Some people consult the Farmer’s Almanac and moon phases for best times to prune trees. I don’t.
For me, there are two “best times“ to prune a tree: 2) when I feel like it, and 1) when the wife tells me to do it, as she did today.
So, log-handled loppers in hand, directed by her, squinting into the sun, I lopped off the biggest branch first. As it fell, so did a lemon. But when I picked it up, I found half a lemon — seriously, almost exactly half a lemon, neatly sliced lengthwise.
Where was the other half? You guessed it: still attached to a branch overhead.
What are the chances of perfectly cutting in half a lemon you didn’t even see?
Twelve or thirteen years ago, when we lived in Spokane, I reached my breaking point. I don’t recall specifics, but it resulted in me going through all the hardware in my workshop, new and used, and throwing in the trash every slotted screw I could find.
Come to find that in Uruguay slotted screws are ubiquitous. The other day, in order to clean the outsides of our wooden windows with homemade screens, I had to remove a couple of them. The frames and windows have slots in them, and a removable wooden spline is screwed to the top frame. Hmm, let me try that another way:
Squinting up against the outside light, it’s hard enough to find the old and dark screws’ locations, much less the orientation of the slot. For a couple of them I had to use a flashlight.
After everything was cleaned, I put all but one of them back, which I took to the ferretería, to buy the same with a Phillips head. And so, into the trash with the slotted screws!
Perhaps one day I’ll feel the same about Phillips head screws, and insist on Pozidriv or Supadriv or Robertson (square), or double square, or triple square, or hex socket, or double hex, or Torx. But I doubt it. The 81-year old Phillips is just fine for now.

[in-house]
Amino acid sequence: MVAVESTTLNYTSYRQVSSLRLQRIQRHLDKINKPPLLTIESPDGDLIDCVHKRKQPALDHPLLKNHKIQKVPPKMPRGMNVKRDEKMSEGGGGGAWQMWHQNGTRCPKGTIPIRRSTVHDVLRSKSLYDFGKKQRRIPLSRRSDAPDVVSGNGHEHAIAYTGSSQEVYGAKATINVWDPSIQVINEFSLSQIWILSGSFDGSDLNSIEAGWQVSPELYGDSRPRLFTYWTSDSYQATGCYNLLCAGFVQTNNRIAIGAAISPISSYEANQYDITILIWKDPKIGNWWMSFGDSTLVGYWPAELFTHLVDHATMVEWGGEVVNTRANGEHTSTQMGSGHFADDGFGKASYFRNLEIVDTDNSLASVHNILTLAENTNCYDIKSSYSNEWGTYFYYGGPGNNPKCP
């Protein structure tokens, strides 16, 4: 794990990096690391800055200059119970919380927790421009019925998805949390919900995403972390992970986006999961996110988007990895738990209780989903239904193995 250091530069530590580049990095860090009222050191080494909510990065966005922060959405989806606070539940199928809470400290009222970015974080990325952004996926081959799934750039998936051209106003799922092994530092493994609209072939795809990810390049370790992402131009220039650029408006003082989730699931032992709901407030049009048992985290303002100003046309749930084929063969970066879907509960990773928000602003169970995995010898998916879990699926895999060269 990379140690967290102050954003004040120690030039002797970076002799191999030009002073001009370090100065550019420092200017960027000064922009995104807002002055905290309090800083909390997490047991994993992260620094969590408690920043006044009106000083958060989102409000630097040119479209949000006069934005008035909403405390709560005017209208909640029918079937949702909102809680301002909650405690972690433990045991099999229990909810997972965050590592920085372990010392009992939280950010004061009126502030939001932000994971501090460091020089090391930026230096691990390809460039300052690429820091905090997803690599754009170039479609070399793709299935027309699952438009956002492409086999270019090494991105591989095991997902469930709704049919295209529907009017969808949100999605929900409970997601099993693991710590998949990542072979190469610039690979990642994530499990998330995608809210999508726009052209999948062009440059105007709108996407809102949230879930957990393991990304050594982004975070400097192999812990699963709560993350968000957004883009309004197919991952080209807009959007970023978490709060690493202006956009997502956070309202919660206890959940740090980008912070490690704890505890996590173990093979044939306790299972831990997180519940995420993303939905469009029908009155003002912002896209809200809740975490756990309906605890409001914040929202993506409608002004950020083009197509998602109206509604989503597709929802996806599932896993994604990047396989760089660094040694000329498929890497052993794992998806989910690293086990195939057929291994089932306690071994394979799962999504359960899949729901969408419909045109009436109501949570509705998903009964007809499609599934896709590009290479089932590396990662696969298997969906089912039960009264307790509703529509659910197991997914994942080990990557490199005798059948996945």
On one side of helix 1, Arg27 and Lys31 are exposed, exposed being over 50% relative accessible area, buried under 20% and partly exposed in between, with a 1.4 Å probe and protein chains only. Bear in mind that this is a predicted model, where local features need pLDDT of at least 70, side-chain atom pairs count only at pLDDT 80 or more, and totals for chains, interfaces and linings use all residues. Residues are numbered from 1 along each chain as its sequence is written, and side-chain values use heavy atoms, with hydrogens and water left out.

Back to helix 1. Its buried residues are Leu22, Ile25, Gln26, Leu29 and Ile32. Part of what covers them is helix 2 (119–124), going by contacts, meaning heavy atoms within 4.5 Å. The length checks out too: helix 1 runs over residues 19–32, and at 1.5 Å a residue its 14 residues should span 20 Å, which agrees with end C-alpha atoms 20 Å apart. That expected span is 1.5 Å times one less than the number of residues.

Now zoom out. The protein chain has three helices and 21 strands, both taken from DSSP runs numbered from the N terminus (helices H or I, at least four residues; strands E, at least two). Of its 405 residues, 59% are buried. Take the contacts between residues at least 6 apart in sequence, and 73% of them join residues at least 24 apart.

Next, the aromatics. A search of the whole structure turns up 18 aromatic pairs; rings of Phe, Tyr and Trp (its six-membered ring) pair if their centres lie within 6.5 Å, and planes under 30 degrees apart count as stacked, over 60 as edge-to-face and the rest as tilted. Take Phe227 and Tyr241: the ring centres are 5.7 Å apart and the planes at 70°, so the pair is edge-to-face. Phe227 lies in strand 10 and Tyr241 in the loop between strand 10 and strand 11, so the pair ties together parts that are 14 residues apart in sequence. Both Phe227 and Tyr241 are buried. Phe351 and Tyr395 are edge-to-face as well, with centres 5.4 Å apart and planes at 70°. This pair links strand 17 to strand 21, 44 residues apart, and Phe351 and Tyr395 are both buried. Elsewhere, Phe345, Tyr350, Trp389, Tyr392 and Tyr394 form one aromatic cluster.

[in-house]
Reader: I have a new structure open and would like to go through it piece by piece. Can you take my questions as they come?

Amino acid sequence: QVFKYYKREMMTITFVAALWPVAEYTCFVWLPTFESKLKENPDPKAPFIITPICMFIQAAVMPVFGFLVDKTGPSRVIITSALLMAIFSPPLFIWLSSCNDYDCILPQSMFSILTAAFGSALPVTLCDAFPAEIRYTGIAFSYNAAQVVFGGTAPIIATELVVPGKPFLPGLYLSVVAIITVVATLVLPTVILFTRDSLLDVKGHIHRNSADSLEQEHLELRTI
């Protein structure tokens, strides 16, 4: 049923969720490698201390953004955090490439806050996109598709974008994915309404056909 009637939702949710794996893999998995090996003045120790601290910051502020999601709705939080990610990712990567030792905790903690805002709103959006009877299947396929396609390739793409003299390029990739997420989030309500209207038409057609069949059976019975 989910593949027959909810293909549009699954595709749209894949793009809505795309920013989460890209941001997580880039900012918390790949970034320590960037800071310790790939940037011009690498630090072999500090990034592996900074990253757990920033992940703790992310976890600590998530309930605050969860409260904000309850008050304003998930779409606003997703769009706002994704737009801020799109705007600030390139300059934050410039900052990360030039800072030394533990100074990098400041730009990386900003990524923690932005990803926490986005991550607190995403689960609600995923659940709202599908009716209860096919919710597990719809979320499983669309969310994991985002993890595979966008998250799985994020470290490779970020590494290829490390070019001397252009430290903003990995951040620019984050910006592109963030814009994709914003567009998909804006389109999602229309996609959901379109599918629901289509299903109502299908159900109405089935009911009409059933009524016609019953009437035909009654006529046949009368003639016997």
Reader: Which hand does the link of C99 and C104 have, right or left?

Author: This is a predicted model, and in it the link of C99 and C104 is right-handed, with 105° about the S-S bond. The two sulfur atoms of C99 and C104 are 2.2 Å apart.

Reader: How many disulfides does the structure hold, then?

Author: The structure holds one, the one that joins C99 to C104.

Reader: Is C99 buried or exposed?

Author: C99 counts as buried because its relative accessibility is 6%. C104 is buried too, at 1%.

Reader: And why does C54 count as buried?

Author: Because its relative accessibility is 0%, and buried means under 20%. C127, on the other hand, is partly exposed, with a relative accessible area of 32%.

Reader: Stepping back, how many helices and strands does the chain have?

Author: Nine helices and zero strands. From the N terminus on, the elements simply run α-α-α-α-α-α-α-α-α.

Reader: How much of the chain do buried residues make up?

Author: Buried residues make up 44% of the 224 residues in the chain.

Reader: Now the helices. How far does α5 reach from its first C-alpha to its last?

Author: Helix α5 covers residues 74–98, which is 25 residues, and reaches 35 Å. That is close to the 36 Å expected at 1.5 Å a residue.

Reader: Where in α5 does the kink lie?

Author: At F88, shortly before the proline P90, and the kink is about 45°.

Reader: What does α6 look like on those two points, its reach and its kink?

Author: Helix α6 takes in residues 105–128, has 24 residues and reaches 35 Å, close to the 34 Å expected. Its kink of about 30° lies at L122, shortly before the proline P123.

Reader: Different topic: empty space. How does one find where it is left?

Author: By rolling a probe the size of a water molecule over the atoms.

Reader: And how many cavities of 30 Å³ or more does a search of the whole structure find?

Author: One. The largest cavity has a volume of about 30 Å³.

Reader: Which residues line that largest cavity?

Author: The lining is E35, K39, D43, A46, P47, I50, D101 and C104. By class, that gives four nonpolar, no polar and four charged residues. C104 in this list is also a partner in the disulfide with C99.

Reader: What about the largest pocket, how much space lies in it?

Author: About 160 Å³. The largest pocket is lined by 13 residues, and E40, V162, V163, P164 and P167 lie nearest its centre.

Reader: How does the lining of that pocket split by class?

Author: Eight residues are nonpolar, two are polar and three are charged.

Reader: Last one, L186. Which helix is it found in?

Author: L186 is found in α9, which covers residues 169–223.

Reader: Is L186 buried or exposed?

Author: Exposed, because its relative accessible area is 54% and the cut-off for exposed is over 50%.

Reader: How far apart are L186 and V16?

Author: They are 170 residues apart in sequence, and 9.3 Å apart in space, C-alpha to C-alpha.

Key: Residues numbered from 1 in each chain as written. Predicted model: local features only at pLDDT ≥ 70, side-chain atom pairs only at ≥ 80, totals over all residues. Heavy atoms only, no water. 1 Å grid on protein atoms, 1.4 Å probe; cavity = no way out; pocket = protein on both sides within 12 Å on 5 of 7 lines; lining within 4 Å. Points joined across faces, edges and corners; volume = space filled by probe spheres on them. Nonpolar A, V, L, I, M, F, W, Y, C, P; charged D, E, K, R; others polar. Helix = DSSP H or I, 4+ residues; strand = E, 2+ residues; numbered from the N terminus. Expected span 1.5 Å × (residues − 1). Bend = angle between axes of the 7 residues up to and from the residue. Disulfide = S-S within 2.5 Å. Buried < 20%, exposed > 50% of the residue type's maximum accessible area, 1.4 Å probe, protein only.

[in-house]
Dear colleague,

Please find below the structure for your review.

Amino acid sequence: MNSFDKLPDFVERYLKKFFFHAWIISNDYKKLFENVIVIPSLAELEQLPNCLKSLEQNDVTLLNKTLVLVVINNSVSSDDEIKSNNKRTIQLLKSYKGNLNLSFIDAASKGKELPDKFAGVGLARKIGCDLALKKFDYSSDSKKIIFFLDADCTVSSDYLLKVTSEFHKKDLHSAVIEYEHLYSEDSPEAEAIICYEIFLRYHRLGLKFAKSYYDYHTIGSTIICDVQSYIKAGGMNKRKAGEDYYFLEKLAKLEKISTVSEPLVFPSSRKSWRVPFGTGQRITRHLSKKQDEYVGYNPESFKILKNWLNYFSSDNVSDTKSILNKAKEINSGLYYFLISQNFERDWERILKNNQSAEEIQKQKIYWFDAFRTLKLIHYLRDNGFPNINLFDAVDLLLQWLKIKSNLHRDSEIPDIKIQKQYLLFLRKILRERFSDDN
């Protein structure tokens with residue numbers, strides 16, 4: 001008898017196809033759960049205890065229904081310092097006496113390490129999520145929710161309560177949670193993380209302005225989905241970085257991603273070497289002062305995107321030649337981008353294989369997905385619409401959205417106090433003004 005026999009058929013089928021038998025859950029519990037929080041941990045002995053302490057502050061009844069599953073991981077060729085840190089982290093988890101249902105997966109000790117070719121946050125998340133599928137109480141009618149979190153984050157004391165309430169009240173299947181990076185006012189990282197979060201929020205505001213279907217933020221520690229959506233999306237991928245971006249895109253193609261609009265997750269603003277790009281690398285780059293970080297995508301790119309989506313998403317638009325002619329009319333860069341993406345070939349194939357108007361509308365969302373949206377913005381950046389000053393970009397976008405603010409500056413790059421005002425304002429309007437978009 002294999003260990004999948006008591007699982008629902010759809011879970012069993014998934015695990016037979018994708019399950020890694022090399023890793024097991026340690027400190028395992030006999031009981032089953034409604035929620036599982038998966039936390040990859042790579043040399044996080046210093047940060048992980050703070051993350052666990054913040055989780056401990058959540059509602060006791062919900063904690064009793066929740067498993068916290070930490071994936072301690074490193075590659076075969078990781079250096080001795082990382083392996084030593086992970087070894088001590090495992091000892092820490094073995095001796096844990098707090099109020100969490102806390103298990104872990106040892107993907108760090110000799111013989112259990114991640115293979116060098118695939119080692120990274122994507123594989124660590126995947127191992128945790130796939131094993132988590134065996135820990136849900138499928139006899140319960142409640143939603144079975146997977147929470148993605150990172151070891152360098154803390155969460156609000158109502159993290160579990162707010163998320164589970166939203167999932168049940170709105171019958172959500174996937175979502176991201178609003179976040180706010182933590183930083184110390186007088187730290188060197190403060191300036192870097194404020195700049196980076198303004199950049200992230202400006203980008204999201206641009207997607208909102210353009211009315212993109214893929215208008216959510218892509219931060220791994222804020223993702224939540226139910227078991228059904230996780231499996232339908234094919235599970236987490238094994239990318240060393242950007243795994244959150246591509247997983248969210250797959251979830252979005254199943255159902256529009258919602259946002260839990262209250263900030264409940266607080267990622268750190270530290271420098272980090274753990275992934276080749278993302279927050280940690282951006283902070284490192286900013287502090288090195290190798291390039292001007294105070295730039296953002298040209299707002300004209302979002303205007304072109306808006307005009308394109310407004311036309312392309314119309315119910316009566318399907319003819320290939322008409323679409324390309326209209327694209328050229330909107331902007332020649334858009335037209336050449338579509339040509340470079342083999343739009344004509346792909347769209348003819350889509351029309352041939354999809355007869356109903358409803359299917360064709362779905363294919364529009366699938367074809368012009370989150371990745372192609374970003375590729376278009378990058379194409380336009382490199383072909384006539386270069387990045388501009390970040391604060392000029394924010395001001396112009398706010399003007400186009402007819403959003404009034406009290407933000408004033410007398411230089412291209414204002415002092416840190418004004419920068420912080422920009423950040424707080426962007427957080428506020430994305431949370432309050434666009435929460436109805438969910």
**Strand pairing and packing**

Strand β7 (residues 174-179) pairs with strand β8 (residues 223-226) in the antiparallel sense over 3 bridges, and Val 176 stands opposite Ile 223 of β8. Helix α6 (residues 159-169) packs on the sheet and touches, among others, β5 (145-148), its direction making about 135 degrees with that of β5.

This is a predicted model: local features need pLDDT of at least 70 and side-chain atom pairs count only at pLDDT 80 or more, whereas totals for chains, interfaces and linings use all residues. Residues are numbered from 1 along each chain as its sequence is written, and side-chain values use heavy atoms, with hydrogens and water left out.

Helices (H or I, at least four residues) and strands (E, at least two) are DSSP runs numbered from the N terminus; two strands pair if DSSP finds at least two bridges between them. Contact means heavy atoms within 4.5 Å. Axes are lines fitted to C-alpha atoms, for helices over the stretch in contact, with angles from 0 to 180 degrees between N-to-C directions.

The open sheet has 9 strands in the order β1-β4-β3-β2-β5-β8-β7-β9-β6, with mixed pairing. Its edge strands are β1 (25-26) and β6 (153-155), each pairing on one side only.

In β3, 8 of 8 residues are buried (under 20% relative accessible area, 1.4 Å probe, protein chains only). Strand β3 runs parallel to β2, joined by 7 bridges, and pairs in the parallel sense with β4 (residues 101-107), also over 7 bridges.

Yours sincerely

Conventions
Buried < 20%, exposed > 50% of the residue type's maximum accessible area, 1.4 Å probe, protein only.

Just in case you were wondering if the ladders were really that bad, look at what was left on the chopping block after splitting seven steps from one into kindling.
As you can see, much of the inside of each step has been turned to dust.
It reminds me of buying new rustic furniture in Mexico. Within days, you’d find coin-sized perfectly round mounds of incredibly fine wood dust on the floor beneath it, and have to apply some horridly toxic liquid to every square inch of its surface to kill all the tiny critters.
Waiting for the car’s oil to be changed, I started looking through the freebie local business advertising mag. This not only occupies time, but challenges my Spanish vocabulary, and having some experience in graphic design, allows me to amuse myself by mentally redesigning ads.
But oh, an article about baking soda — always interesting.
Unless it’s basically illegible because of garbaged-up type. And not because of low resolution or image compression—
— it really is that bad. So, OK, not I’m not going to read that article.
Below it on the page, a “spot the differences” image. Not my favorite, but worth a minute or two.
But immediately I am stopped by a quandary: is the fact that the two images are cropped differently meant to be one of the differences, or does it simply represent more design incompetence?
For over a month now, I’ve been supervising repairs on a house whose American owners haven’t been here in six years. The caretaker died of cancer a couple years ago. Leaving a house unmaintained is bad anywhere, but with the humidity, really bad in Uruguay.
Today I brought home two ladders (one on the ground cut in two pieces to fit in the car). The vertical one is completely ruined by bugs — notice the bottom rung, broken from just a little weight.